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The Elements of a “Theory Y” Budget

By Scott Lazenby

In previous columns, I have argued that to be aligned with what we know about good management practices, budget decision making should be decentralized as much as possible. The governing board should set overall priorities, which affect the allocation of general tax resources to each general fund program. Operating managers should be accountable for outcomes and manage to the bottom line, with full flexibility to transfer budget amounts across line items and offset expenses through carryover savings and departmental revenues.

In practice, what does this kind of budget look like? Here’s an example for a hypothetical program or department within a government’s general fund:

lazenby 1

(click on image to enlarge)

The first thing to note is this looks like a budget for an enterprise fund or special revenue fund, where expenditures are fully balanced by revenues. As the fiscal year unfolds, actual revenues and expenses will differ from the budgeted amounts since the budget is only a plan. The manager responsible for the budget will simply be required to ensure that actual expenses are within actual revenues. The government may still need to set appropriations (on the expense side only) to satisfy arcane legal requirements, but that appropriation serves no other useful purpose.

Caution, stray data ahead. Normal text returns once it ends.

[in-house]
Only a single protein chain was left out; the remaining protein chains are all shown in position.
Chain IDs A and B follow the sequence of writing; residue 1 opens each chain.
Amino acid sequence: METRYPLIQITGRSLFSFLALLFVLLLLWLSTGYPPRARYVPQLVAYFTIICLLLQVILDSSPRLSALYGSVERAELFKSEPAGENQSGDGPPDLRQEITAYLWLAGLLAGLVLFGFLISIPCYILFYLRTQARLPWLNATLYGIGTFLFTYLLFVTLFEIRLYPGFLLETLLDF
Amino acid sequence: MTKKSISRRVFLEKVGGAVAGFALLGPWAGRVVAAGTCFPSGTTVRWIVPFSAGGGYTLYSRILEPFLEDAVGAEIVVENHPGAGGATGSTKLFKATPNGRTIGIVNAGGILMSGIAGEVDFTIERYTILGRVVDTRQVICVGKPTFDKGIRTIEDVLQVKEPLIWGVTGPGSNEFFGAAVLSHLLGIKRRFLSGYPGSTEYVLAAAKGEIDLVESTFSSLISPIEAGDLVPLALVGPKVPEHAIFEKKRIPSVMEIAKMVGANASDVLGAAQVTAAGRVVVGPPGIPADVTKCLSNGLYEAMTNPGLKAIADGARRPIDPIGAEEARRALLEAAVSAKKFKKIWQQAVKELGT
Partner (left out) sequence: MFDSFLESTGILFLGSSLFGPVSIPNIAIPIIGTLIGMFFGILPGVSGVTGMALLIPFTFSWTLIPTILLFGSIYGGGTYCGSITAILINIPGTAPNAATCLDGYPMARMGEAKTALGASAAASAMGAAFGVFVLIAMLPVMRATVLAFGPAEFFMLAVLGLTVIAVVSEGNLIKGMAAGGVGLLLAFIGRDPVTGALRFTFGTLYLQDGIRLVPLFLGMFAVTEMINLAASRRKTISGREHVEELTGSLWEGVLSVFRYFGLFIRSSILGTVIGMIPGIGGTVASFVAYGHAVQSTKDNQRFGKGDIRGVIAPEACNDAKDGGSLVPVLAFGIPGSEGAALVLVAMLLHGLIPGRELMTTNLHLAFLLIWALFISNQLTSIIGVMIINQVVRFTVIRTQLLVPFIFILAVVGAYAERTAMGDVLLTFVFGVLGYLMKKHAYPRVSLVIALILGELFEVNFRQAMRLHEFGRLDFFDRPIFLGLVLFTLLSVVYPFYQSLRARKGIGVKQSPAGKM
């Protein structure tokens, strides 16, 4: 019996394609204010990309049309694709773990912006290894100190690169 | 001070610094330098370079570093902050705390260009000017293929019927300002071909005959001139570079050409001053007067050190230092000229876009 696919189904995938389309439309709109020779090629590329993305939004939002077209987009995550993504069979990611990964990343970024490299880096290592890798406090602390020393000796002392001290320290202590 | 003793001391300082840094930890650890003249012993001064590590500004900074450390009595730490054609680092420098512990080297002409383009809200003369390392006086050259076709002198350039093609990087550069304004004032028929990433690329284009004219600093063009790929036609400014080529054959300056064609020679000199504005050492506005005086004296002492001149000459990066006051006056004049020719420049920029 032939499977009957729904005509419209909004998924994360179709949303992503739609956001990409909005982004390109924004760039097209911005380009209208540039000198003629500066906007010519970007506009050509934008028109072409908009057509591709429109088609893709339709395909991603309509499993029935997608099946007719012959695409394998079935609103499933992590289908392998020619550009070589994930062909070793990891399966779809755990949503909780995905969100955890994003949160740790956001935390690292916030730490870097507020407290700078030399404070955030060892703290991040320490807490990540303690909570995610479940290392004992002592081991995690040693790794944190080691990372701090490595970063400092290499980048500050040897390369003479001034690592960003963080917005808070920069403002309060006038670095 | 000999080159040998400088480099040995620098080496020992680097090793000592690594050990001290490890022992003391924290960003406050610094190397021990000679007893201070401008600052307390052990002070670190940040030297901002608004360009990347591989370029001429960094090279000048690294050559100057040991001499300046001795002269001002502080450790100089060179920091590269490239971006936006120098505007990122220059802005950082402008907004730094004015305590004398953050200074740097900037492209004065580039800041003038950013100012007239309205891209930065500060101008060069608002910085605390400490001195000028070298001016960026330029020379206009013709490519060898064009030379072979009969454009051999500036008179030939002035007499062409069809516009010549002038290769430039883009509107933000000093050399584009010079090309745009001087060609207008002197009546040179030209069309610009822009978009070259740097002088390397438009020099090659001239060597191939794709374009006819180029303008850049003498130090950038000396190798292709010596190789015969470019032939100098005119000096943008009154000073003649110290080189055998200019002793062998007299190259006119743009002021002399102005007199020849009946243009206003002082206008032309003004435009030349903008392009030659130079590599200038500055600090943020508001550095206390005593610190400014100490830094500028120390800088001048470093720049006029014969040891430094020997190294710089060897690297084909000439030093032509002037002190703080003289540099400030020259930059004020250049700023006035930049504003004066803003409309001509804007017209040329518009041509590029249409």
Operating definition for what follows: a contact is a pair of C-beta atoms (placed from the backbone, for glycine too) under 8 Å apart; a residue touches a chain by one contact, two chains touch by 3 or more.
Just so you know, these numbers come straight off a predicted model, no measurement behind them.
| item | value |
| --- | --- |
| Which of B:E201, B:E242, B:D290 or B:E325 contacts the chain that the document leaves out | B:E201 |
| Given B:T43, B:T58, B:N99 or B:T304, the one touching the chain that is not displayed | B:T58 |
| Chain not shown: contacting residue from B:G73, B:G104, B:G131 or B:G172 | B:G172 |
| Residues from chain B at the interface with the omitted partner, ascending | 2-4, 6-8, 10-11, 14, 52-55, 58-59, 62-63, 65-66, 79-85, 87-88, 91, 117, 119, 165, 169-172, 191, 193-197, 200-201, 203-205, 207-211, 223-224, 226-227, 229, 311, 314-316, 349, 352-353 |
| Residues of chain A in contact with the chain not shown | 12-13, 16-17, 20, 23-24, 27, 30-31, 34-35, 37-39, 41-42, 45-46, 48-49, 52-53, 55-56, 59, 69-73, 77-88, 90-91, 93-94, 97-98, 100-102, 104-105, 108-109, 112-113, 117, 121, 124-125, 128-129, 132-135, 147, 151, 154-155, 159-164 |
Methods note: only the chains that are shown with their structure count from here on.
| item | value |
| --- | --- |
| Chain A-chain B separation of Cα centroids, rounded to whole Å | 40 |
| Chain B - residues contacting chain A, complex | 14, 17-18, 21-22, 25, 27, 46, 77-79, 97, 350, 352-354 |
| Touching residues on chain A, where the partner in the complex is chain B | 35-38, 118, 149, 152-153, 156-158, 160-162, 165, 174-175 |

Some other notes:

  • The departmental beginning balance is the net savings (or loss) from the prior fiscal year. It is budgeted expenses less actual expenses plus actual revenues less estimated revenues for the prior fiscal year.
  • Departmental revenues are those within the control of the department such as fees for service.
  • General revenues reflect the allocation of general taxes to this department, set by the CEO (with policy direction from the governing body) at the beginning of the budget process.
  • The “indirect support expense” line item assumes that all support services (HR, Finance, IT, etc.) are directly expensed to the “customer” departments, even within the general fund.
  • The departmental contingency is just that. In traditional budgets, operating managers create their contingency accounts by padding certain line items. Having an explicit contingency line item acknowledges that the budget is just a crap shoot and allows operating managers to build more realistic estimates of line item expenses without the need for padding.

This example reflects the end result of a “Theory Y” budgeting process. How it’s arrived at is just as important as how it looks. In the next column we’ll look at an alternative to the traditional budget games.

 

Scott Lazenby is the city manager for the City of Lake Oswego (OR) and is an adjunct associate professor at Portland State University. He can be reached at [email protected].

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One Response to The Elements of a “Theory Y” Budget

  1. John S Weidl Reply

    November 12, 2013 at 4:02 pm

    We are using Theory Y in our local government and we also use a biennial budget process. In the span on just a few short months, we have been able increase empowerment, build trust, and create a sustainable financial picture, all without the typical budget tricks associated with command and control systems.

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